Piper Kerman’s Resistance Reading

Authors pick books that bring solace and understanding in an age of rancor.


We asked a range of authors and creative types to name books that bring solace or understanding in this age of rancor. More than two dozen responded. Here are picks from the activist, author, and former felon Piper Kerman, whose best-selling memoir about her year in a federal women’s prison was adapted into a popular Netflix series.

 

Latest book: Orange Is the New Black
Reading recommendations: I don’t turn to reading for solace often—I’m probably more reliant on wine and thumb-sucking for that. I’ve been teaching in a men’s medium-security prison for a couple of years and reading Hannah Arendt. I really wanted an analysis of the issues that lodge there from a female perspective. For this moment we’re all navigating, I’d recommend Men in Dark Times.

When I read Jesmyn Ward‘s Men We Reaped, it absolutely gutted me. I return to it again and again in my mind because it so perfectly crystallizes what’s at stake until we establish equality for all Americans when it comes to safety and freedom. Ward’s writing is heartbreakingly beautiful.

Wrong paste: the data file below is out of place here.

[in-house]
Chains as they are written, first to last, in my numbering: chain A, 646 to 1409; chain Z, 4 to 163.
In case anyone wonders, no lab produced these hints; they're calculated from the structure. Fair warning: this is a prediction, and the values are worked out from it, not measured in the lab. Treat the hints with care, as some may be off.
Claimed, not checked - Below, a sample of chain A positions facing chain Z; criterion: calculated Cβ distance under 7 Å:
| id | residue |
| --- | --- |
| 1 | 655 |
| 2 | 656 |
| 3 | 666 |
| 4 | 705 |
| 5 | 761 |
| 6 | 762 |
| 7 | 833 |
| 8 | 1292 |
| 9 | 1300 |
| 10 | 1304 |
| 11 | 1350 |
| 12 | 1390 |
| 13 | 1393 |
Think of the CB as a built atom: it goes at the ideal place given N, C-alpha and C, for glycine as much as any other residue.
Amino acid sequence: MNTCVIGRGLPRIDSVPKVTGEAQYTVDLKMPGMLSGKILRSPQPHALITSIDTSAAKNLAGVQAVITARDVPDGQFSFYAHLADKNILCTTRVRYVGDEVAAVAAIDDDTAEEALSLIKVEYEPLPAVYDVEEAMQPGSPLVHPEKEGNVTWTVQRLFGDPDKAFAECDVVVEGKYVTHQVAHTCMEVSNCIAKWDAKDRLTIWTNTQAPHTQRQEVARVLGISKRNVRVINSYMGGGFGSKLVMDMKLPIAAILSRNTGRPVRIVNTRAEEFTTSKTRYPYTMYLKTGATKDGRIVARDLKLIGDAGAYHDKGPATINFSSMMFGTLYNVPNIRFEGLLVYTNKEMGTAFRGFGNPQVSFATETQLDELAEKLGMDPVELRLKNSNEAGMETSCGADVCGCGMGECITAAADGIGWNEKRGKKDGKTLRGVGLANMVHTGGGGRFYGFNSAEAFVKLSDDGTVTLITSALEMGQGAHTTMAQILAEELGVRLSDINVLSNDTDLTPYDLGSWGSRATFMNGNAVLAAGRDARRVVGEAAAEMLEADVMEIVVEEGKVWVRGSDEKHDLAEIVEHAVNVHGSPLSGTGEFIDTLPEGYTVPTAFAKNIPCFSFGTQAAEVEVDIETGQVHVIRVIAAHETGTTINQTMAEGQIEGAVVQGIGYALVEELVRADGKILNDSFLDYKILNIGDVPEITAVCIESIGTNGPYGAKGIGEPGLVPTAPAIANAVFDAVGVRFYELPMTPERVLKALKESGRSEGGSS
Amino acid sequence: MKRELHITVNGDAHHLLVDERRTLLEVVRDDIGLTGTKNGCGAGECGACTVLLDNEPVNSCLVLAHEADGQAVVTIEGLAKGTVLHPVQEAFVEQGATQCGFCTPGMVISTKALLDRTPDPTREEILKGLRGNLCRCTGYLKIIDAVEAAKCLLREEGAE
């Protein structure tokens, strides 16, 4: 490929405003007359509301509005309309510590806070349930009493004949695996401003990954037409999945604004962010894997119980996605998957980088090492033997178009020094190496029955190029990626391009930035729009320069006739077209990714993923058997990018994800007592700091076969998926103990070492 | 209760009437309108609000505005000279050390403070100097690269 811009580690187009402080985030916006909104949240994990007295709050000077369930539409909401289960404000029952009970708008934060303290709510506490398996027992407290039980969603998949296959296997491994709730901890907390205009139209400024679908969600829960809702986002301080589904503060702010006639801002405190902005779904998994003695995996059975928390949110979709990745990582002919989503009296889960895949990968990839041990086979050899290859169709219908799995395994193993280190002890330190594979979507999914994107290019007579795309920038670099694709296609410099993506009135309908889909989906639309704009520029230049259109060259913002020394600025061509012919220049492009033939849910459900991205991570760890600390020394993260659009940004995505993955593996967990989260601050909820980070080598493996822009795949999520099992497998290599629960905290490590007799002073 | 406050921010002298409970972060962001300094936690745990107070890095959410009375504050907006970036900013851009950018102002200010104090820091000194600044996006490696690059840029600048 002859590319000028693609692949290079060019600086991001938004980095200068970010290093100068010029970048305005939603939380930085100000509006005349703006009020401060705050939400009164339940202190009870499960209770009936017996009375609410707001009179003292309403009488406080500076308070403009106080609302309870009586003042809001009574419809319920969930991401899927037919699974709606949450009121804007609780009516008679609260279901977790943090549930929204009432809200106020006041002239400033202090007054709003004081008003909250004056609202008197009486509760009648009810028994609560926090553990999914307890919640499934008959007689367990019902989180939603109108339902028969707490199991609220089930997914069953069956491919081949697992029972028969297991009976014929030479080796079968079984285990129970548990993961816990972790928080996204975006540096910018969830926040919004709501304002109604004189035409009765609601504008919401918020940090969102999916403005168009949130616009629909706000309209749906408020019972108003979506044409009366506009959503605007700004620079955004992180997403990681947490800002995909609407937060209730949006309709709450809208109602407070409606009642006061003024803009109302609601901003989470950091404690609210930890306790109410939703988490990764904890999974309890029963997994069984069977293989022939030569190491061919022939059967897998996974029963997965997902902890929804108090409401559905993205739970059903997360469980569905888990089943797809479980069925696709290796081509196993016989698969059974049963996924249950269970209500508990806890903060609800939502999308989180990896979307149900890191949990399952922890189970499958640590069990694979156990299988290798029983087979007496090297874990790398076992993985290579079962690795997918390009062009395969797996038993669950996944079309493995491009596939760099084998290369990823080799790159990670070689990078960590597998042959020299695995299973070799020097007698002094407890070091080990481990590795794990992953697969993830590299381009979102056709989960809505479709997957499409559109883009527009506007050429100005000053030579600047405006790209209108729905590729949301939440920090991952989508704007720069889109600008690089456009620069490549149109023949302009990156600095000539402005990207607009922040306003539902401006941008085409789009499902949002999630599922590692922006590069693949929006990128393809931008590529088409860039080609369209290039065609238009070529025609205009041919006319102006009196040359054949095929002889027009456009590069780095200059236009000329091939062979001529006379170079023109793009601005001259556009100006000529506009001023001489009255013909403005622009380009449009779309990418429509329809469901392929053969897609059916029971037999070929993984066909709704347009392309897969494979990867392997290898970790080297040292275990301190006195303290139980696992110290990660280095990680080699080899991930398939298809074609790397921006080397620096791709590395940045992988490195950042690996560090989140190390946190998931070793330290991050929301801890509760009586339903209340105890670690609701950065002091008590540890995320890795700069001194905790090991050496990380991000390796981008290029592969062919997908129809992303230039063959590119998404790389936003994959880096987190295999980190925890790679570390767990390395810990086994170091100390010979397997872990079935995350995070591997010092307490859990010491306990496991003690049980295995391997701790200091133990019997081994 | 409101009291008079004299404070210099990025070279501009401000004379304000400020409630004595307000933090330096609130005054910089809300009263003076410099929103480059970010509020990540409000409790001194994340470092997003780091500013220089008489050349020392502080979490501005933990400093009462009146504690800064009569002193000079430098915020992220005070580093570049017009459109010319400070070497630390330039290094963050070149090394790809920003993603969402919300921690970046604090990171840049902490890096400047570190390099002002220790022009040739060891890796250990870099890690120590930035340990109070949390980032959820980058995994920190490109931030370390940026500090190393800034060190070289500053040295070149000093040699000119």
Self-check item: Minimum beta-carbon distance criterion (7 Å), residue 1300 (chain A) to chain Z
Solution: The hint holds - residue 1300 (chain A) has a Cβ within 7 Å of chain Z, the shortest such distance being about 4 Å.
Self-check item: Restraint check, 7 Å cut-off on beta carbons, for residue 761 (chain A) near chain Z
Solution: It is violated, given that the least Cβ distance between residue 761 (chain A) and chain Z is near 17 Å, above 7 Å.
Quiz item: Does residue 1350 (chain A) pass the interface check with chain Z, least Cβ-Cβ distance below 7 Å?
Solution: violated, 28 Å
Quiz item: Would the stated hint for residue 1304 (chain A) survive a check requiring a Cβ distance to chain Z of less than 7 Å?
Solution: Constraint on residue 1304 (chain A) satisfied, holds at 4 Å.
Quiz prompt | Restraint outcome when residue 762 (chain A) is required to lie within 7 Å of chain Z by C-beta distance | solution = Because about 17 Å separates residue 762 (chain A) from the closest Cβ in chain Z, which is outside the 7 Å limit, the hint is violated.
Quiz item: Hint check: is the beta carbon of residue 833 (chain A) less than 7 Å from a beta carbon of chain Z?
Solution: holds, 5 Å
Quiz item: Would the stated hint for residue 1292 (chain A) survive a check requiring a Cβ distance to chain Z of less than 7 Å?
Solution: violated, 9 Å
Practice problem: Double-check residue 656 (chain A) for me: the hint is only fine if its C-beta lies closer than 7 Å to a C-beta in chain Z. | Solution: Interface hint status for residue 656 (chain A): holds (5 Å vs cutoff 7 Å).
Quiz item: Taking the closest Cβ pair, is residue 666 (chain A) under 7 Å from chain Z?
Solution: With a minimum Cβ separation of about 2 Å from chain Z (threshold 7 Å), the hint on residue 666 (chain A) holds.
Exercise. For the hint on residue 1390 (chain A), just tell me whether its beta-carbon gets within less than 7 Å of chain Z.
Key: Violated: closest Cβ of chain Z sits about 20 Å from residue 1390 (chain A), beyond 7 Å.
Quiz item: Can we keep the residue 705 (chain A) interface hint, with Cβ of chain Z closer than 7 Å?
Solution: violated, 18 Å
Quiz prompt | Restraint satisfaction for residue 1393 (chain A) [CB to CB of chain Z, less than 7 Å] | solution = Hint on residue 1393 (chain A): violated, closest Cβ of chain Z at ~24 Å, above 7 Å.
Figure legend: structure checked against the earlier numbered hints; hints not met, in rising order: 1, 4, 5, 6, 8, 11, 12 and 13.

The book that actually does provide me with solace is Alice in Wonderland. When I was a child I wanted to change my name to Alice. I had a copy in my locker when I was incarcerated, and one on my bedside table now.

Illustration by Allegra Lockstadt
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The complete series: Daniel Alarcón, Kwame Alexander, Margaret Atwood, W. Kamau Bell, Ana Castillo, Jeff Chang, T Cooper, Michael Eric Dyson, Dave Eggers, Reza Farazmand, William Gibson, Mohsin Hamid, Piper Kerman, Phil Klay, Alex Kotlowitz, Bill McKibbenRabbi Jack Moline, Siddhartha Mukherjee, Peggy Orenstein, Wendy C. Ortiz, Darryl Pinckney, Joe Romm, Karen Russell, George Saunders, Tracy K. Smith, Ayelet WaldmanJesmyn Ward, and Gene Luen Yang.


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TIME IS RUNNING OUT!

We have an ambitious $350,000 online fundraising goal this month and it's truly crunch time: About 15 percent of our yearly online giving usually comes in during the final week of the year, and in "No Cute Headlines or Manipulative BS," we explain why we simply can't afford to come up short right now.

The bottom line: Corporations and powerful people with deep pockets will never sustain the type of journalism Mother Jones exists to do. And advertising or profit-driven ownership groups will never make time-intensive, in-depth reporting viable.

That's why donations big and small make up 74 percent of our budget this year. There is no backup to keep us going, no alternate revenue source, no secret benefactor. If readers don’t donate, we won’t be here. It's that simple.

And if you can help us out with a donation right now, all online gifts will be matched thanks to an incredibly generous matching gift pledge.

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